The British Steel Hide produced the goods as always with a male and female pair of Pintails out on the main lagoon, along with a single Greenshank, several Shoveller, Redshank, Teal and several very noisy Greylag Geese. Out of the back of the hide a couple of Black Tailed Godwits were busy feeding along the grassy banks, whilst a Little Grebe explored the depths and eight Gadwall happily dabbled away.

Whilst I was walking around the back of the site a flock of Long Tailed Tits were busy racing up the path in the opposite direction. This species often seems to feed on set paths and it is possible to bump into the same flock a couple of times in one visit. The best aspect of this behavior is that the birds seem almost oblivious to your presence. The result is that you are able to stand and watch at relatively close quarters whilst they go about their business. As you may have gathered this is another of my favourite species.

Other species seen on my visit included good numbers of Bullfinch particularly around the collection pools, as well as several Song Thrushes and Wrens. The lack of vegetation at this time of the year certainly helps in picking out Wrens when compared to the Summer when their shrill call is often the only sign of their presence. One surprising discovery was a Chiffchaff in the Millennium Wetlands. Here in South Wales we are at the Northern most edge of their Winter range so there aren't many around to be seen. Equally surprising was the lack of Pochards. I counted seven in total which is way down on what I would usually expect. Kenfig NNR further down the coast has much healthier numbers so I presume that this site has fallen out of favour for the time being.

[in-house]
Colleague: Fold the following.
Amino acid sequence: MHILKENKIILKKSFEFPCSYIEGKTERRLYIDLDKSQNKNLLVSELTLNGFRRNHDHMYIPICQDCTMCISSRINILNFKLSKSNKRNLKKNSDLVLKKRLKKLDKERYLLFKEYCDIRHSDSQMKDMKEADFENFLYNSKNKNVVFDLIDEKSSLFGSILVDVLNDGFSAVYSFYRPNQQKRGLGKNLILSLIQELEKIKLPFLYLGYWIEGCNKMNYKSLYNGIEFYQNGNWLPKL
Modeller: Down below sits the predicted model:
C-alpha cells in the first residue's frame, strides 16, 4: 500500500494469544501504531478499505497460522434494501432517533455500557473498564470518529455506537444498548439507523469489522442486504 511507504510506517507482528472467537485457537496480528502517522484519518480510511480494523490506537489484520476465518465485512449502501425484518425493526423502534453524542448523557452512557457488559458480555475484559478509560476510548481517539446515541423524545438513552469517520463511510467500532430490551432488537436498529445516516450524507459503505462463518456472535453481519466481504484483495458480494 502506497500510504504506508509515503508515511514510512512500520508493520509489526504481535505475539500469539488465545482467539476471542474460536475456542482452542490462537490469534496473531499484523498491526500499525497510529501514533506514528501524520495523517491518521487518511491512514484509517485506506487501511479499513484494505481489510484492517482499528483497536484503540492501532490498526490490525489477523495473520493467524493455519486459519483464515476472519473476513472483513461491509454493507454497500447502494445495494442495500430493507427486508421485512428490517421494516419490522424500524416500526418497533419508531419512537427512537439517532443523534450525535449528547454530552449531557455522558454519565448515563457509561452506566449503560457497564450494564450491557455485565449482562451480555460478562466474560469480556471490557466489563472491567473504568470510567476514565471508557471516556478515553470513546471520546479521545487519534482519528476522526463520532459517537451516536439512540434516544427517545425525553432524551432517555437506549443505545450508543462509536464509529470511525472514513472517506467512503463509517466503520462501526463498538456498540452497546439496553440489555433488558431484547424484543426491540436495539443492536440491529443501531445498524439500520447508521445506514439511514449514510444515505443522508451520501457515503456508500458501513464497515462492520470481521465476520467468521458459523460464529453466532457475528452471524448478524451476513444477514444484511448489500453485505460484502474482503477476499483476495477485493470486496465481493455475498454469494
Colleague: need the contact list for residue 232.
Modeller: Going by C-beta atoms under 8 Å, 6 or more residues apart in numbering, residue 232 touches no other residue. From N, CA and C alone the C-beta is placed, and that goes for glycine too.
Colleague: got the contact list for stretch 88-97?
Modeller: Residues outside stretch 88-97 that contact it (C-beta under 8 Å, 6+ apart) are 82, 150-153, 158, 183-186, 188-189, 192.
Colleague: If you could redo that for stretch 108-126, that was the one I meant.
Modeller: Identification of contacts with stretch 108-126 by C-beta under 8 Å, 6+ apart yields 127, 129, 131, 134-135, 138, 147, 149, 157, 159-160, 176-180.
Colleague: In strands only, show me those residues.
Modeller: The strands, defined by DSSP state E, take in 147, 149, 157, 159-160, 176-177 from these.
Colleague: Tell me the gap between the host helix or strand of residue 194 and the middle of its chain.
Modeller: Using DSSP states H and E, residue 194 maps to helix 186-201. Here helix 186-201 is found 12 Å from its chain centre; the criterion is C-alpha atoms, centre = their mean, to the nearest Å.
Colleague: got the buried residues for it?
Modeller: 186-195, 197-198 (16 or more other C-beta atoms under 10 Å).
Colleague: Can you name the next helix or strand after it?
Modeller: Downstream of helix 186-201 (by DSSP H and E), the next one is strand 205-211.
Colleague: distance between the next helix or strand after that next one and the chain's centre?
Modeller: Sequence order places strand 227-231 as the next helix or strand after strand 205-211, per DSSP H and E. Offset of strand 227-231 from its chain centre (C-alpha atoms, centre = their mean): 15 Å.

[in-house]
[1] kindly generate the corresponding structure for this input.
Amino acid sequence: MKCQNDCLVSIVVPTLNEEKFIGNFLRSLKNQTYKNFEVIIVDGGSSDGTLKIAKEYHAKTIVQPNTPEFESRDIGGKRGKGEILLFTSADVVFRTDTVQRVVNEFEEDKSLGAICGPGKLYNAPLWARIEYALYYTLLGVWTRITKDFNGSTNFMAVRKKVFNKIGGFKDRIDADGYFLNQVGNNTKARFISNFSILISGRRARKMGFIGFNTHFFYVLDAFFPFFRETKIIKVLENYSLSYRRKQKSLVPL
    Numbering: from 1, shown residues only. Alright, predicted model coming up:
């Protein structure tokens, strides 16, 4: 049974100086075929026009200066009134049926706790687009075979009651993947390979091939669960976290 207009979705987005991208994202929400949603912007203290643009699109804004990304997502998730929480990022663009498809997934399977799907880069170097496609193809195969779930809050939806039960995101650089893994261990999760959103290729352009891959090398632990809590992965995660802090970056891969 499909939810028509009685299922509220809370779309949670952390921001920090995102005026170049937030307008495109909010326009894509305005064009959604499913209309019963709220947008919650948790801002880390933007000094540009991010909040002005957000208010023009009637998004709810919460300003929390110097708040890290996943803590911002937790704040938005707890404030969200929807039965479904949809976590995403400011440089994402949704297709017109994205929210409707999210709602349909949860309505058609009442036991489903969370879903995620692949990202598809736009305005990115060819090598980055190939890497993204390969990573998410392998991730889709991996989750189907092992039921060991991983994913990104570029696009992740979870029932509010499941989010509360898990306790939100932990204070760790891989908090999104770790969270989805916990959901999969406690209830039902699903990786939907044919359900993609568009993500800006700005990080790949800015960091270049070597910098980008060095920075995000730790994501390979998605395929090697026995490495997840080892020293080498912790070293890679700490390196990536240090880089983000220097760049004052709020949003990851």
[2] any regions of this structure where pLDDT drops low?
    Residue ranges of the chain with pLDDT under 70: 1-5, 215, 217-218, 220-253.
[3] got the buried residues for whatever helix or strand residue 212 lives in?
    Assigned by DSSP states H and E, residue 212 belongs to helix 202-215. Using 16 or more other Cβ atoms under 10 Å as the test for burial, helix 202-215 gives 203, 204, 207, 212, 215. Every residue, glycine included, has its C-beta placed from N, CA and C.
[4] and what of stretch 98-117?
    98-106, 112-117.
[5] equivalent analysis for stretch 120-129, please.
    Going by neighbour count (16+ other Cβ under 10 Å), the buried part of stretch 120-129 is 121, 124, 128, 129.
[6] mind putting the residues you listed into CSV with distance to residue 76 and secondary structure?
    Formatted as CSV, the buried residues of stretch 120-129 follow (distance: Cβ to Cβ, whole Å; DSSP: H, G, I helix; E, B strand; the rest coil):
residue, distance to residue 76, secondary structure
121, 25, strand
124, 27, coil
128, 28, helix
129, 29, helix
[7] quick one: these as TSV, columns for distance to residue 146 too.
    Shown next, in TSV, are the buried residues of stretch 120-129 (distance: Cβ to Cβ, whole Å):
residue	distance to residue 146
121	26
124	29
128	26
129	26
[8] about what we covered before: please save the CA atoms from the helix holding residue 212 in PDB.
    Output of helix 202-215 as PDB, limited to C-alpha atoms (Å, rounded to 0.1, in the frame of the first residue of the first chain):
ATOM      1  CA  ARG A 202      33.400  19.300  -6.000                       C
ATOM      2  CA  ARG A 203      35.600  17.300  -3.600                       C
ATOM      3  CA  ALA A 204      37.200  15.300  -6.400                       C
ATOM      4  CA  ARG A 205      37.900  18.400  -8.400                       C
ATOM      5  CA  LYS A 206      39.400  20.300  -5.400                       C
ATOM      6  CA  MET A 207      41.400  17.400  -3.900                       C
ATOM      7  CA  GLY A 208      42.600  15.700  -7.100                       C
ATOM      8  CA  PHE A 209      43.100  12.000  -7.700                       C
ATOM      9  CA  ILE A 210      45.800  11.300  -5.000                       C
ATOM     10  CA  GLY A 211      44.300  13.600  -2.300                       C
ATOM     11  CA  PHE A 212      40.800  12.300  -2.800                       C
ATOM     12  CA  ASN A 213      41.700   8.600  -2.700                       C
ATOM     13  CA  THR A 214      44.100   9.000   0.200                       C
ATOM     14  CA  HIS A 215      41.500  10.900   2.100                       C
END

Thats enough from me for now as this has been by far the wordiest entry that I have written for a while. I know this sort of information probably isn't as interesting as the photographs, but without it there wouldn't be any photographs to enjoy. As an aside there are also only a couple of weeks left now until the end of the year. This year has seen my life list reach over 200 species which I never thought I would see. The year list isn't looking too bad either but I would like to add to it as much as possible. As a result I will be out and about as often as I can before 2009 takes its final bow, so look out for more regular updates from now on.


More Visitors To The Feeders At WWT Llanelli

Saturday, December 05, 2009 Adam Tilt 0 Comments